I concluded that Big Data will disrupt agencies and its agents – the winners will be those who adopt and embrace distribution, while those that don’t will wither.
Adopters become more efficient, are better connected to their customers and can spend more time on their selling craft. Big Data won’t eliminate the business of an agency and agent; rather, it will eventually damage those that don’t use the tools available.
Let me explain by looking at houses across New South Wales as an example.
From our agency and sales databases, I extracted the approximate spread of commissions earned per suburb for the year to October 2014. I plotted these against the competitiveness of each suburb, judged by the number of agencies active in that suburb in September 2014. The purpose was to illustrate how just a little data and some CoreLogic RPData tools can highlight where to fish for more business – in this case, where the competition is low and the available commission is high. I further filtered by suburbs with more than 200 sales in the year and divided into property type (houses and units).
Three suburbs stood out:
- Suburb 1 had only 10 active agencies, with each agency earning an average of $2.6 million in commission in the year. There were 340 house sales for those 10 agencies to compete for.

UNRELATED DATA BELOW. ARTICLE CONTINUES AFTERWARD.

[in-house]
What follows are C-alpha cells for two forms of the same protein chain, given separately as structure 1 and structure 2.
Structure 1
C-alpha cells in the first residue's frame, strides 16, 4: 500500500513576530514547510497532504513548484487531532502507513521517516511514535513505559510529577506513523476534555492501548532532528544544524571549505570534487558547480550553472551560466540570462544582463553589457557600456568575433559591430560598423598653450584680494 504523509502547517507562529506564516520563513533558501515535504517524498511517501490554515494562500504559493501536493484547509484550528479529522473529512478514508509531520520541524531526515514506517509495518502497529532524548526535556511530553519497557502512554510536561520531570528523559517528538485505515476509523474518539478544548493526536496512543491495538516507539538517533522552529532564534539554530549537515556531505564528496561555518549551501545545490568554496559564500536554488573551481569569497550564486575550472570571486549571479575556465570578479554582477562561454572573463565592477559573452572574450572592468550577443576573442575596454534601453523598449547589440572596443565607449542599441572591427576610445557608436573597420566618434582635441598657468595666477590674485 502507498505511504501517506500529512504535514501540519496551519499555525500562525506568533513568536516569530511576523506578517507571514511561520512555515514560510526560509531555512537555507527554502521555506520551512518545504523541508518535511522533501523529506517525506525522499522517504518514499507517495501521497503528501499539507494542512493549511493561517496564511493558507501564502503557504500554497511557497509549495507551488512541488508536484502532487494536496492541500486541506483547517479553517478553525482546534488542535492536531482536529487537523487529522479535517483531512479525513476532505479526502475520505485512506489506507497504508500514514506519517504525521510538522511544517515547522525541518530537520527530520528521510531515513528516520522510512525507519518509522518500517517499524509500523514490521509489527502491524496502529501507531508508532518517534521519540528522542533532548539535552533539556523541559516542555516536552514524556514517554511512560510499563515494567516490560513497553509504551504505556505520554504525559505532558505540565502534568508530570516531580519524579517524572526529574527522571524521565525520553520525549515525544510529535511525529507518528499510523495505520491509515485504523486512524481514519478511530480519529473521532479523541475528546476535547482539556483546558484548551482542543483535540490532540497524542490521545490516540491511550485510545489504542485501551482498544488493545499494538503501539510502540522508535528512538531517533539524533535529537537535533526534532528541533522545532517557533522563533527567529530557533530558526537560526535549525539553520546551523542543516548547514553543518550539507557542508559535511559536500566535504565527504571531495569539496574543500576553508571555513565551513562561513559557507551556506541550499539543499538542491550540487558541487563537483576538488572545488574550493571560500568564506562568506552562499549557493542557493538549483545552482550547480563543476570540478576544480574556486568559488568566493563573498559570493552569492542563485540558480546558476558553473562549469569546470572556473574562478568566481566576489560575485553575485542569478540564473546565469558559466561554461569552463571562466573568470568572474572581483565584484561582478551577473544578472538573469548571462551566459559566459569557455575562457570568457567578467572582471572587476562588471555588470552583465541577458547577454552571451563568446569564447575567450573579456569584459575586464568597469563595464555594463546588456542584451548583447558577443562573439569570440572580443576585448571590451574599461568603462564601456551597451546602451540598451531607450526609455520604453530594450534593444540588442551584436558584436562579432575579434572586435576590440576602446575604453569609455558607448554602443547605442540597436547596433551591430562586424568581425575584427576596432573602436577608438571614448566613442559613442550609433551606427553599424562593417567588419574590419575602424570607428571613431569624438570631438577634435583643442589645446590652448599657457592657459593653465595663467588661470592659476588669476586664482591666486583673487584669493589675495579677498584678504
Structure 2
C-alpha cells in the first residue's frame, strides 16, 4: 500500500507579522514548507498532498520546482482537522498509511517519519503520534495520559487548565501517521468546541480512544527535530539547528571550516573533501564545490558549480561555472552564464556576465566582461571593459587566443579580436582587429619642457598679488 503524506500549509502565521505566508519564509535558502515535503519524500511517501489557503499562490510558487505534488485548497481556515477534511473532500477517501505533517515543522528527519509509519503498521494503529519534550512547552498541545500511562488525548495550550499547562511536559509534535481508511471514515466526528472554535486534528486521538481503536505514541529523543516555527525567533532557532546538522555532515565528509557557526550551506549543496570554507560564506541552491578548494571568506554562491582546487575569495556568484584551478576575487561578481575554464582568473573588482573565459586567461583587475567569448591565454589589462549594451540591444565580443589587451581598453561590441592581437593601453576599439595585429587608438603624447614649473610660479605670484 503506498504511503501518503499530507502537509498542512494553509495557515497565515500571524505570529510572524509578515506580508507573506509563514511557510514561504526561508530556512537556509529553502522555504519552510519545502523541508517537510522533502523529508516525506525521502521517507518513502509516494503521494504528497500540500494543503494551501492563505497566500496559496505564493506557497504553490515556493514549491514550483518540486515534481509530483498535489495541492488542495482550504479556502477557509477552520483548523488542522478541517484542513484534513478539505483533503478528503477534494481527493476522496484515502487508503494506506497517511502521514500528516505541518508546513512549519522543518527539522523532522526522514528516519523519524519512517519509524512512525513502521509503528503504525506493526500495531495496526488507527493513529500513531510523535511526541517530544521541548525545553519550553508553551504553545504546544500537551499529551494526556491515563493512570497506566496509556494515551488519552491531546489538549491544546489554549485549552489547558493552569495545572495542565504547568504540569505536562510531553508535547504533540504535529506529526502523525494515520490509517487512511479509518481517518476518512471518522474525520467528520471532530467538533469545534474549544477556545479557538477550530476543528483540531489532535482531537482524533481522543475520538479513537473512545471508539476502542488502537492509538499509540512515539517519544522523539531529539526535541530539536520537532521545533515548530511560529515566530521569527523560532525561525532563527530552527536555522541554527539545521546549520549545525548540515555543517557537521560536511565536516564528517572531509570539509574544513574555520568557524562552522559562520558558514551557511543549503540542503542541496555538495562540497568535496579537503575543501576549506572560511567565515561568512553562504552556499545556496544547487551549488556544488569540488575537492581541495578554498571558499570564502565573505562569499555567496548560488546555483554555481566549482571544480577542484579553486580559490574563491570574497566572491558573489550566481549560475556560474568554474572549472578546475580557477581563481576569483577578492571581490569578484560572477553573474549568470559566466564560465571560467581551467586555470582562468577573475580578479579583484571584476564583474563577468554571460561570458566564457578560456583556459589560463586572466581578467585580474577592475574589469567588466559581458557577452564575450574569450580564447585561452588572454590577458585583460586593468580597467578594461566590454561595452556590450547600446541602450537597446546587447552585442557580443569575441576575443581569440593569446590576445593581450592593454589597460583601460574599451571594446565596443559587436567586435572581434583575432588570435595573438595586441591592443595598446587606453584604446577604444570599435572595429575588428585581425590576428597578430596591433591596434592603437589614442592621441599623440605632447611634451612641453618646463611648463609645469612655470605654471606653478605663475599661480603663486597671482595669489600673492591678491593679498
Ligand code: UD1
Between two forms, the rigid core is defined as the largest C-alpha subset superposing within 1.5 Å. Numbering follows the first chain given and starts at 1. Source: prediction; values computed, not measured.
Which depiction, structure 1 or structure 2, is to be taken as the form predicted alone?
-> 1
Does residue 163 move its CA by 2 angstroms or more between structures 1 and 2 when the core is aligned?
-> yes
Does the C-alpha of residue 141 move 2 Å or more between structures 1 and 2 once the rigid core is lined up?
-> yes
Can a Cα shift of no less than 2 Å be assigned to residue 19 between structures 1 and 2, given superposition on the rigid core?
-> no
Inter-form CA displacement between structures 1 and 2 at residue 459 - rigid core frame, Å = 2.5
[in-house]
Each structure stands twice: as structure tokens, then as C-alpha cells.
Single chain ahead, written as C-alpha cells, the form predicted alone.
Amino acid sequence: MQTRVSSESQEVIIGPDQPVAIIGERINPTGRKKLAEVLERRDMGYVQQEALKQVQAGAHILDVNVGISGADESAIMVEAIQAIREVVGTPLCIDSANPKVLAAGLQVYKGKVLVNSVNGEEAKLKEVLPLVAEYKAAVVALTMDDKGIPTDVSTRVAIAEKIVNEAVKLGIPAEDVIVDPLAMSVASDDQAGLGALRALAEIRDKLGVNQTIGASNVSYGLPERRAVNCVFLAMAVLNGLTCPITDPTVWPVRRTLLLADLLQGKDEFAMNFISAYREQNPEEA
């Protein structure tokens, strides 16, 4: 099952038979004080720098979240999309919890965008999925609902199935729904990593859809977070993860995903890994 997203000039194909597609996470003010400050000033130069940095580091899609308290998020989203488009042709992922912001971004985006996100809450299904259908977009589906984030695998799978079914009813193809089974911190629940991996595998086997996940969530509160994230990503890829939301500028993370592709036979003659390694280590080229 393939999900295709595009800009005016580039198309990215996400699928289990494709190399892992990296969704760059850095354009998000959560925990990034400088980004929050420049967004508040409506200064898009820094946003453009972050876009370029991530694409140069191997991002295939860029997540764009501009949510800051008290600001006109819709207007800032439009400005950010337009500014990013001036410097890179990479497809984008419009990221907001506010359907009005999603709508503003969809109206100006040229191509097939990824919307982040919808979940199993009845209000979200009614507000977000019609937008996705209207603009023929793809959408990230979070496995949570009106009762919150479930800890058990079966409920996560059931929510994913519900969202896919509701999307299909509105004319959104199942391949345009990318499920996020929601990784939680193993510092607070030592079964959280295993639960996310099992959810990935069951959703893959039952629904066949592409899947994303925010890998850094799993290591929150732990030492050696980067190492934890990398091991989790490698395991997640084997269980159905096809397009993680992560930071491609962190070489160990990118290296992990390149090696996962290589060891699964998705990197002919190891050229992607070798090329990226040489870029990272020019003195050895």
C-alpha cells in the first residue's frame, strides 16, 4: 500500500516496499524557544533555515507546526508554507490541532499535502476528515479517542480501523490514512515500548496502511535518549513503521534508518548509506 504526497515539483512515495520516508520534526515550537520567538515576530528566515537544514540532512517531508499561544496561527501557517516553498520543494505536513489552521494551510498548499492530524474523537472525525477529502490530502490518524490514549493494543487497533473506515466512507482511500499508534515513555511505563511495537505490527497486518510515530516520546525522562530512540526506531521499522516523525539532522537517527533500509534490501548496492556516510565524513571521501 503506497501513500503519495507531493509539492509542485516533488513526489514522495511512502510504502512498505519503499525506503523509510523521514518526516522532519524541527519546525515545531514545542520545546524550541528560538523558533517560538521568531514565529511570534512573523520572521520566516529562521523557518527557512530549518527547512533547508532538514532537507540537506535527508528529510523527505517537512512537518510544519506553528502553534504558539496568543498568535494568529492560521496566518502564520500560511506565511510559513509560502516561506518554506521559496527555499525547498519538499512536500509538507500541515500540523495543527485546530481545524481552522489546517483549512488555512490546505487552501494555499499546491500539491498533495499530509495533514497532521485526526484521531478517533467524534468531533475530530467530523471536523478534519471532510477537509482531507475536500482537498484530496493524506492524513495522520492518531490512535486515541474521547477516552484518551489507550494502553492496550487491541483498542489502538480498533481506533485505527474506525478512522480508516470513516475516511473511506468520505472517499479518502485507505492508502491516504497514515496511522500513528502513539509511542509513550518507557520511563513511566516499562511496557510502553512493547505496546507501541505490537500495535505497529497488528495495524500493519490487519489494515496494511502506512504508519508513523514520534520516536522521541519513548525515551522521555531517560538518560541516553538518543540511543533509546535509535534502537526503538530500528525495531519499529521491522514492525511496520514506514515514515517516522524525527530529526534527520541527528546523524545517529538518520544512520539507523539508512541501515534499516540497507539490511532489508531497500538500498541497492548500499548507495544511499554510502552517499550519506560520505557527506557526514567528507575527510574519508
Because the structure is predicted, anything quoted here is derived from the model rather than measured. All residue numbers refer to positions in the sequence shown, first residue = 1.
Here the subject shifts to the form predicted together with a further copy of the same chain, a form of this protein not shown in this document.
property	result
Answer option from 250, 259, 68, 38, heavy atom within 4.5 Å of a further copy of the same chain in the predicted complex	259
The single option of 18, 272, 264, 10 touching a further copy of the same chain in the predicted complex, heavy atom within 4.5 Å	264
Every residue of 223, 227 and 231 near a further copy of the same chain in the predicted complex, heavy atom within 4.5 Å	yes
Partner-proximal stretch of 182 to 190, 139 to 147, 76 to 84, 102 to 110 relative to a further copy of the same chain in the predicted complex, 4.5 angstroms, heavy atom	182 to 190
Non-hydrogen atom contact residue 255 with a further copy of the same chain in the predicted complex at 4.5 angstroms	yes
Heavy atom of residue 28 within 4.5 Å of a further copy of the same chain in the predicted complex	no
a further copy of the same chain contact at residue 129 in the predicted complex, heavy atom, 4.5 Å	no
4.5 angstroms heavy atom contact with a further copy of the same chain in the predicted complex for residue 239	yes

- Suburb 2 had 26 active agencies, which earned an average commission of just over $500,000. Those agencies competed for 553 house sales.
- Suburb 3 was somewhere in the middle, with 15 active agencies, an average commission of more than $850,000 and 293 house sales.
Where, then, would you fish? I know where I would – where the commission is high and the number of competing agencies low!
The analysis shows that some suburbs are more competitive than others. In some, your agency would be one of many and you would have to fight for your brand to cut through; in others, you would be one of a few and you could more easily differentiate yourself.
Looking at Victorian houses produced an even more interesting result. One suburb had eight active agencies, which earned an average commission of more than $2.6 million. Those agencies competed for 421 house sales, making that suburb a great place to fish.
In other states there were similar trends, showing how a little filtering can help define where to chase.
Similar analysis can be done at the agency or agent level to find the best suburb, or even which suburb in each geographic territory to focus on.
A little bit of data used well can make a big difference to your earning potential.
And what are the suburbs behind the numbers above? I suggest you do some analysis and find out!